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I would like to generate an alphanumeric employee id in PHP e.g. EP0001

Any ideas?

share|improve this question
    
how do you want to generate that, more details please. – Sarfraz Jul 8 '10 at 13:01
    
do you use any database? Postgresql offers sequence tables where you can get sequences and it's thread safe. – pakore Jul 8 '10 at 13:01
    
Is there any reason why don't you want to do it in dabatase? – Ondrej Slinták Jul 8 '10 at 13:02
    
What would you be storing it in? – Fosco Jul 8 '10 at 13:02
    
Do all employees have the same "EP" prefix, or does the alpha part vary? – Jeff Jul 8 '10 at 13:14
up vote 3 down vote accepted

We are going to need more than this to help you but this is what I would do.

Assuming EP is the start of every alphanumeric employee id then

<?php
$number = getTotalEmployees();

$id = 'EP'.$number;

function getTotalEmployees() {
    $num = 'Get number of Employees from database';
    ++$num; // add 1;

    $len = strlen($num);
    for($i=$len; $i< 4; ++$i) {
        $num = '0'.$num;
    }
    return $num;
}
?>

UPDATE

Thanks to Trefex If you use MySQL, you could store the employee ID in a field and set the ZEROFILL attribute. That way you don't have to deal with the zeroes in PHP

<?php
function getTotalEmployees() {
    $num = 'Get number of Employees from database';
    ++$num; // add 1;
    return $num;
}
?>
share|improve this answer
1  
If you use MySQL, you could store the employee ID in a field and set the ZEROFILL attribute. That way you don't have to deal with the zeroes in PHP. – Trefex Jul 8 '10 at 13:08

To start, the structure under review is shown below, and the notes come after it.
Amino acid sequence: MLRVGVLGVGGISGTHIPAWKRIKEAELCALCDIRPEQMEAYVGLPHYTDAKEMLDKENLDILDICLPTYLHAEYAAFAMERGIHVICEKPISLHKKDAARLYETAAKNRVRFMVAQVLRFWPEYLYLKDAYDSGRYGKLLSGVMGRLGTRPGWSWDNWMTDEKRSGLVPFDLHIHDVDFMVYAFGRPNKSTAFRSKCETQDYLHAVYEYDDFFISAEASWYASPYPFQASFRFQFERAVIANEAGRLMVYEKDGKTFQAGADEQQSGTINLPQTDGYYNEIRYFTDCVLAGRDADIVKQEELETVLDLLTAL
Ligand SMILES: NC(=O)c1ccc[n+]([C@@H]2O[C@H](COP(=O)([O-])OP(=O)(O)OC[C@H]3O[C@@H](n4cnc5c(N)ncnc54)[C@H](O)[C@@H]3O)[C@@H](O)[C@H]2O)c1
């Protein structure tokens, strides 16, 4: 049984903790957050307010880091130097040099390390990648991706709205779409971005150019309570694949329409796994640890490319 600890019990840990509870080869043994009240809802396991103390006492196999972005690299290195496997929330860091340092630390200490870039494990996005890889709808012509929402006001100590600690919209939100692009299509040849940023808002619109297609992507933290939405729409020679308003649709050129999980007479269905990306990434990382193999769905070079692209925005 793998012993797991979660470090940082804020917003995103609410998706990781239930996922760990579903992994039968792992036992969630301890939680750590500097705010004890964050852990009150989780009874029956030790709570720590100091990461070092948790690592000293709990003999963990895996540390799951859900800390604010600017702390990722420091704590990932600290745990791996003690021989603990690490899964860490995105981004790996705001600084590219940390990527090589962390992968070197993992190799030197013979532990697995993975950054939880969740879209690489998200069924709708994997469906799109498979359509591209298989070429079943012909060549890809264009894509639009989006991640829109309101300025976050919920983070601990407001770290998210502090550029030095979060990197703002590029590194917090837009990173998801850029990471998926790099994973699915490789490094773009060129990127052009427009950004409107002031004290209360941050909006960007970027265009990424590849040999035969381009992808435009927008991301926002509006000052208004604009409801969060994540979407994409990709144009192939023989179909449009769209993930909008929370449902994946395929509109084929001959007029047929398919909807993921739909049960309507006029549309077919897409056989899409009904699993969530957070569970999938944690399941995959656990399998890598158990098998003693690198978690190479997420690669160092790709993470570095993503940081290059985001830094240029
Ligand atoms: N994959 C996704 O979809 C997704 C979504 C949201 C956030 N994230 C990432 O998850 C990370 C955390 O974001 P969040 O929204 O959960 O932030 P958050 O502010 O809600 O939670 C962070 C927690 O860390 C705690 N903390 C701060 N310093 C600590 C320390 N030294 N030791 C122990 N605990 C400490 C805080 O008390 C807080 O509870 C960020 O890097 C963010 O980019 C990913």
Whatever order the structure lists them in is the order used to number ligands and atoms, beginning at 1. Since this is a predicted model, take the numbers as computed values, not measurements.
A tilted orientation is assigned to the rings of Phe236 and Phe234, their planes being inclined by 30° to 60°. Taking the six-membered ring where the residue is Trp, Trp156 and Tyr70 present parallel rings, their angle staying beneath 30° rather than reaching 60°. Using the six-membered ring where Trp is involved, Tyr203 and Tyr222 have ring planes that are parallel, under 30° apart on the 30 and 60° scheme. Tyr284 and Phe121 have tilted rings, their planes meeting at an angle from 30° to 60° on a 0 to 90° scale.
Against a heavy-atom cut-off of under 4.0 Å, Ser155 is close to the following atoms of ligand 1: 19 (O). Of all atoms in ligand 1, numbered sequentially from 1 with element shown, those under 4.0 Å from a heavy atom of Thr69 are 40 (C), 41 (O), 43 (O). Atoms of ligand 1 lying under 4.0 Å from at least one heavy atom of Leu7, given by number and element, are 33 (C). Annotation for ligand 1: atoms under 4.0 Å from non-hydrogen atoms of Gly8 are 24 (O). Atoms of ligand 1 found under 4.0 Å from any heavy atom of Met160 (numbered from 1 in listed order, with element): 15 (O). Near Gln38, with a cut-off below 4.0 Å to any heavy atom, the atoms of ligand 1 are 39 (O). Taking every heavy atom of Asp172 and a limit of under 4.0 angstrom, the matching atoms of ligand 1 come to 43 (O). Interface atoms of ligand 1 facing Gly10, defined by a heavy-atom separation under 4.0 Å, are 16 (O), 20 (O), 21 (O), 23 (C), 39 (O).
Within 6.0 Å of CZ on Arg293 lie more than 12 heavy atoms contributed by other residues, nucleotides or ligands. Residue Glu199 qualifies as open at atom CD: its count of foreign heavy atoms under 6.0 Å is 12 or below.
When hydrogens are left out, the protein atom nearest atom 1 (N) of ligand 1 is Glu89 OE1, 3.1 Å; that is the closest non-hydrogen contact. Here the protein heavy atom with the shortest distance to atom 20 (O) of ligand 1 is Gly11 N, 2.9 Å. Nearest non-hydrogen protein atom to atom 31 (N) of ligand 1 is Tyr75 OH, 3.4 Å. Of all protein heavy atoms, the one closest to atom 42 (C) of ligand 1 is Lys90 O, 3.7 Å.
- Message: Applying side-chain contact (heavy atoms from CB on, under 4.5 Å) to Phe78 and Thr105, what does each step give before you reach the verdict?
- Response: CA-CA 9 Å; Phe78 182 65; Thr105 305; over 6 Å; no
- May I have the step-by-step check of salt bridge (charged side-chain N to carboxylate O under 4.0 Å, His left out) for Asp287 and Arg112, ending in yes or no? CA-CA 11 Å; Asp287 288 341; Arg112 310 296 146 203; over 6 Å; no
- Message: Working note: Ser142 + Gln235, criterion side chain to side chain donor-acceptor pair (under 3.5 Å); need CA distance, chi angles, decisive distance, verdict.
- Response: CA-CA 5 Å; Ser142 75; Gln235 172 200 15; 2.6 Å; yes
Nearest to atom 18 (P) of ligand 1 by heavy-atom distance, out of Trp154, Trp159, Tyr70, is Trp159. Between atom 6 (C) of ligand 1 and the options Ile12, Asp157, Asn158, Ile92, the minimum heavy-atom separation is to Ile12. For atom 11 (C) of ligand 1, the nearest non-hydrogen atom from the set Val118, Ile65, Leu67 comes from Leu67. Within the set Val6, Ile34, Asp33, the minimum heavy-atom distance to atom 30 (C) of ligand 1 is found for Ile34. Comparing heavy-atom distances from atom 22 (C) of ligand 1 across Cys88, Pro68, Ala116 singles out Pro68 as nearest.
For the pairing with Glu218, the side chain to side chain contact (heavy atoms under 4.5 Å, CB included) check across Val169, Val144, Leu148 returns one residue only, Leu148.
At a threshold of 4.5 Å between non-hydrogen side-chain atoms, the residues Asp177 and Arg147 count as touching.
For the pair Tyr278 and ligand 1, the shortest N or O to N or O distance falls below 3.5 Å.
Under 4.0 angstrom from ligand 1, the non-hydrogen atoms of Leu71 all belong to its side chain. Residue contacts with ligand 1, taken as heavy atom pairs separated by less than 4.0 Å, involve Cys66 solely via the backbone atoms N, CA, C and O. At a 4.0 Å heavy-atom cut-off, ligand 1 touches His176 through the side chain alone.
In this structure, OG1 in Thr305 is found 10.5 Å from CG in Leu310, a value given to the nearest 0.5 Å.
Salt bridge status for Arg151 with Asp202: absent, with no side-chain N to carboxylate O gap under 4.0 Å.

2  
without some table locking going on, you have a race condition here. – Paul Dixon Jul 8 '10 at 13:11
    
also, a less verbose way to pad it would be return sprintf('%04d', $num); – Paul Dixon Jul 8 '10 at 13:13
    
thanks a lot for this. – input Jul 8 '10 at 13:19

Just do them sequentially, there's no need to 'code' data into a number such as "E means he's the Enterprise level employee and P means he parks in P-lot." This is an outdated way of doing things that's crept up from before databases existed. Encoding special meanings into a unique identifier that can change will be a nightmare, there's no need to do it and it's poor database design.

Alternately, if these numbers are prone to some level of fraud generate them in a non-sequential method, such as generating a psudo-random UID and checking if it is in use or not then assigning it.

share|improve this answer

You can go with the following code if you are looking for random id's

<?php 
  $numchars = rand(4,15); //You can specify the length here
  //This is the list from which id is generated.
  $chars =   explode(',','a,b,c,d,e,f,g,h,i,j,k,l,m,n,o,p,q,r,s,t,u,v,w,x,y,z,A,B,C,D,E,F,G,H,I,J,K,L,M,N,O,P,Q,R,S,T,U,V,W,X,Y,Z,0,1,2,3,4,5,6,7,8,9'); 
  $random=''; 
  //Do a random generation in a for loop
  for($i=0; $i<$numchars;$i++)  { 
    $random.=$chars[rand(0,count($chars)-1)]; 
  } 
  //Here you go.. Nice & pretty
  echo $random; 

?>

You can find this & more in Google itself

http://www.webmaster-talk.com/php-forum/29621-php-randomly-generate-alphanumeric-charachters.html

share|improve this answer
    
There is no need to word with arrays; you can access strings with the syntax $str[12345] too. – Gumbo Jul 8 '10 at 13:18

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